Hydra is one of Pluto’s moons. It was discovered in June 2005 by astronomers using the Hubble Space Telescope.
Mass: 4.2 x 1017kg
Orbit: 38.2 Earth days
Hydra is the outermost of Pluto’s five moons. It was photographed by Hubble astronomers in 2005 together with another Pluto moon, Nix. These photographs confirmed earlier observations of the two moons in 2002. Hydra was provisionally designated as s/2005 P1 prior to acquiring its present name. The name derives from Greek mythology – Hydra was a monster with a serpent’s body and nine heads and guarded the underworld.
Hydra orbits Pluto at a distance of 65,000 kilometres in the same plane as Charon and Nix. But unlike Charon, P4 and P5, Hydra’s orbit is almost circular, as is the orbit of Nix. At the time of its discovery, Hydra appeared to be about 25% brighter than Nix and 10% larger. However, recent investigations indicate that Hydra may just be slightly brighter than Nix. Hydra and Nix orbit at the centre of mass of the Pluto-Charon orbital system. Neither moon changes in brightness as it revolves around the system, leading astronomers to believe that both have nearly circular shapes.
The orbits of Hydra and Nix are stable and periodic within the Charon-Pluto orbital system. In celestial mechanics, this phenomenon is called orbital resonance. This stability, together with the fact that Hydra is just one ten thousandth the mass of Charon, have led astronomers to assume that this moon was formed during the same collision between Pluto and another body that formed Charon. But if orbital resonance is discounted, Hydra may have originated outside of the Pluto-Charon system.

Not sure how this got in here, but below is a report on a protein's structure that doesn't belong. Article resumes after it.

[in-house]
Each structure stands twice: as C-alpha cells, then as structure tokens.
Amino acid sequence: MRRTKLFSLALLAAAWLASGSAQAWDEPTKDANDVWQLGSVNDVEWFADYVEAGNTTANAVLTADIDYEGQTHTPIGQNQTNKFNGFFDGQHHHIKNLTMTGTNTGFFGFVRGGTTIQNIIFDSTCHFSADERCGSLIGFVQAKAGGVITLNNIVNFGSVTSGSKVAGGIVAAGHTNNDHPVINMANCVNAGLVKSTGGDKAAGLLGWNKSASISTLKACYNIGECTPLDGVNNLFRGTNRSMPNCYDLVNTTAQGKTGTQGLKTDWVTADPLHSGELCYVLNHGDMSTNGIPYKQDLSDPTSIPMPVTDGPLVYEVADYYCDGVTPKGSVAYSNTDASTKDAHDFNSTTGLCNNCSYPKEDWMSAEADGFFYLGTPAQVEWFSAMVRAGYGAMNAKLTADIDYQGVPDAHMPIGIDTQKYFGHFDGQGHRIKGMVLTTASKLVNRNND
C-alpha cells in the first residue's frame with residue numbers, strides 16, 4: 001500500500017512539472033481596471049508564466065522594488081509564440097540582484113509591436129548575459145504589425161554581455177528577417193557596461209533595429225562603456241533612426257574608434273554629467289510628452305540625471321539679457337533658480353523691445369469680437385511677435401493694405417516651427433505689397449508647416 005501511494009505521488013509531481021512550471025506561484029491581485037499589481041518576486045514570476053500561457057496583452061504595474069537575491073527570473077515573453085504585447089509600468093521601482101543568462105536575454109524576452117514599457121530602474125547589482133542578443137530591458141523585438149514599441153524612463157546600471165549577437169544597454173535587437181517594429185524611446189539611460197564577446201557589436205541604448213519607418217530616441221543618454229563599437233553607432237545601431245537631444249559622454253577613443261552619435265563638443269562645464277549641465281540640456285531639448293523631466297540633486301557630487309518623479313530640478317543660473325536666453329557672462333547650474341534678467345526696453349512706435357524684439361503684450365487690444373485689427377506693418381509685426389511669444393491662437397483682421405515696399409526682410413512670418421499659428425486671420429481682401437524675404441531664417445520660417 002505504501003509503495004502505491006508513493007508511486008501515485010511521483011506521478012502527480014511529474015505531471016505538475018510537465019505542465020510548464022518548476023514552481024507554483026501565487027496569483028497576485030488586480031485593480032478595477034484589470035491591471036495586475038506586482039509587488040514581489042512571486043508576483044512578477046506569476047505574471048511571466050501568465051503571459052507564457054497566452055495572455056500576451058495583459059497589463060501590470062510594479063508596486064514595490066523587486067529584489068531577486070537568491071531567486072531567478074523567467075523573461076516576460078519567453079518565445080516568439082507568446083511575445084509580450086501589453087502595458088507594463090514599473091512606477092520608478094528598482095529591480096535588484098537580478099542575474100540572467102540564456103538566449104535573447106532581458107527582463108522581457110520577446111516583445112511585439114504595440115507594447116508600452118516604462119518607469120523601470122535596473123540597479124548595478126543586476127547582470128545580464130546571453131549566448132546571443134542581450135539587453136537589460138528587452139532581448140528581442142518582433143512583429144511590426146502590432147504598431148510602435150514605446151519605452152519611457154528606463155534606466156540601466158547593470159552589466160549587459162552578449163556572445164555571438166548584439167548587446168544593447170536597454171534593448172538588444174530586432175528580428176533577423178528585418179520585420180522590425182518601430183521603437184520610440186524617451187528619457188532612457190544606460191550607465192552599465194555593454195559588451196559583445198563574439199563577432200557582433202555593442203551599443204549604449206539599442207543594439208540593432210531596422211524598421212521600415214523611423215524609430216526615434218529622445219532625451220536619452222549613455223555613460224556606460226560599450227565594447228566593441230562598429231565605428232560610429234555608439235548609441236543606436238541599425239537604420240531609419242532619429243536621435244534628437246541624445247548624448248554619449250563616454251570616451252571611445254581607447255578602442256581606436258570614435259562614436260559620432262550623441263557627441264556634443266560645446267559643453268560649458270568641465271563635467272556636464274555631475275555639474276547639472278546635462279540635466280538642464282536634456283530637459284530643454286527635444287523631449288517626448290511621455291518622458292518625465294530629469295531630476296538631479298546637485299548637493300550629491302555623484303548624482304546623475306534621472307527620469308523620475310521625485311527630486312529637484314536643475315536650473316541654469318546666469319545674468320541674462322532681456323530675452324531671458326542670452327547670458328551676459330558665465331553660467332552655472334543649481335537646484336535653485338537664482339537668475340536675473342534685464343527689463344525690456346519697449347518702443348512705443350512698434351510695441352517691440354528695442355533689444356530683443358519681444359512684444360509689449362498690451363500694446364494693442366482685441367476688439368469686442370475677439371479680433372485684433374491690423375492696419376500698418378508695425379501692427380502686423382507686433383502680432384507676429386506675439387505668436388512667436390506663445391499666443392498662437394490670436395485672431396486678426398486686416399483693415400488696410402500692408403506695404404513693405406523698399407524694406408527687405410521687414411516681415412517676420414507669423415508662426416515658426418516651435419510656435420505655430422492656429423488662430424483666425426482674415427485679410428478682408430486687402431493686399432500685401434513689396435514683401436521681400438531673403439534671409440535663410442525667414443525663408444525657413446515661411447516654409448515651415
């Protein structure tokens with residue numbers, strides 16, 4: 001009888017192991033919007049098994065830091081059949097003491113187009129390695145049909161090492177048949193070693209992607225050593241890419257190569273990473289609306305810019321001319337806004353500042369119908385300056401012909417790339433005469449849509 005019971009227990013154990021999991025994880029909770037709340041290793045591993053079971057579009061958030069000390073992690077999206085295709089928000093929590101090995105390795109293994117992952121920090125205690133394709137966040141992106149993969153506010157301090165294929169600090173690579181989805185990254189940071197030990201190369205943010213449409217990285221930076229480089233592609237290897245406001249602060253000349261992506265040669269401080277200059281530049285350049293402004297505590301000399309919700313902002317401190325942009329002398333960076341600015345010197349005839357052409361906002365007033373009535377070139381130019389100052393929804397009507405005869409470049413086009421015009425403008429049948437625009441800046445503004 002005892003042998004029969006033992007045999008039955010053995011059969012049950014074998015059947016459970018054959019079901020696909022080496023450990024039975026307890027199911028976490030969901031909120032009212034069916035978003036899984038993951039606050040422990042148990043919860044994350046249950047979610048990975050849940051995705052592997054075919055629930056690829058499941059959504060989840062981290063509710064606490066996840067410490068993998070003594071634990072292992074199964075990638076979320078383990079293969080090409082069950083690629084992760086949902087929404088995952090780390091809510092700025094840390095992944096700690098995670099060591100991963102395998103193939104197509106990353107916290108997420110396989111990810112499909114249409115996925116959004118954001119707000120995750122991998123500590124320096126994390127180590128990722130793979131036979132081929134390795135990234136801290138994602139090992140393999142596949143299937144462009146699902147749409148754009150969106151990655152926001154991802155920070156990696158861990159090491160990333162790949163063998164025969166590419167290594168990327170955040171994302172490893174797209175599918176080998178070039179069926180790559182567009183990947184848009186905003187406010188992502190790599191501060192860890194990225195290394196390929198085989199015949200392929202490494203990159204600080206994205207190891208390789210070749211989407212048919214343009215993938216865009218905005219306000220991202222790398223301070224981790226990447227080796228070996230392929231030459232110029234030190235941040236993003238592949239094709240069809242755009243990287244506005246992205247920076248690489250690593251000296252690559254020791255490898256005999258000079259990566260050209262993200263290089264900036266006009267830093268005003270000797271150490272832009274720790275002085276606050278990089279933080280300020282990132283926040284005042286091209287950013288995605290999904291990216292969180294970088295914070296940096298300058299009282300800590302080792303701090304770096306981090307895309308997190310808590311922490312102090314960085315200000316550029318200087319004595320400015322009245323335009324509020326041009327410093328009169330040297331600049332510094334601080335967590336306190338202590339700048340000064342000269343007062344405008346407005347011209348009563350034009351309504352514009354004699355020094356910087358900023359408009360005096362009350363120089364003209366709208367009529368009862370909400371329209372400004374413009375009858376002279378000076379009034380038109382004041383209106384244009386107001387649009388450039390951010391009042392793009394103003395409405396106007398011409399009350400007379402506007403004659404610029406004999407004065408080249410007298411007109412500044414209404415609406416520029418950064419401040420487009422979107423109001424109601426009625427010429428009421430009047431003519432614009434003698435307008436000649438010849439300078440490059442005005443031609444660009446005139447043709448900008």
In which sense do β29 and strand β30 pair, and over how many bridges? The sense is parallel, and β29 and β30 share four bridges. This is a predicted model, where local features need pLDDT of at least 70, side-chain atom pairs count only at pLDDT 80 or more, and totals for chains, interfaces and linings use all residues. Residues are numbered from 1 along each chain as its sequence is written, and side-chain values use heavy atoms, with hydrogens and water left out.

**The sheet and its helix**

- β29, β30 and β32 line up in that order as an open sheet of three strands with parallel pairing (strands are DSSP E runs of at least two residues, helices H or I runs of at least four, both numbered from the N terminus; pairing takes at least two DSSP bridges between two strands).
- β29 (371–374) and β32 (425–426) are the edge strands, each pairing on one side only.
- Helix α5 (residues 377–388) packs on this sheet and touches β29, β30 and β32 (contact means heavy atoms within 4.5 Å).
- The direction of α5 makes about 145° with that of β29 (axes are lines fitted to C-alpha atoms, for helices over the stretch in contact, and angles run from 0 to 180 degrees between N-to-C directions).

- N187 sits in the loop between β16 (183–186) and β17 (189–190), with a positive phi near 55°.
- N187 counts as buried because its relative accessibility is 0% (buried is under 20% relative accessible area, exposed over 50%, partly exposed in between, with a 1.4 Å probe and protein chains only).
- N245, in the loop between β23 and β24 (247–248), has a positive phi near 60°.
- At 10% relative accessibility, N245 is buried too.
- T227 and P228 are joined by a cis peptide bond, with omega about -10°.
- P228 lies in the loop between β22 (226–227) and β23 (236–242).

Little is known about Hydra’s surface. It seems to display a grey colour similar to the surface of Charon.
The American astronomer Clyde William Tonbaugh discovered Pluto in 1930. Between 1930 and 2006, astronomers described Pluto as the tenth-largest planet to orbit the Sun. Its status changed in 2006 when the International Astronomical Union reclassified it as a dwarf planet. This description places Pluto within the Kuiper Belt, a band of icy bodies located beyond the orbit of Neptune.
Astronomers believed that such icy bodies did not have the gravitational force to trap satellites but the discovery of Pluto’s moons has disproved this. Further information about the environment of Pluto will come from NASA’s New Horizons mission, which is expected to fly by the dwarf planet in July 2015.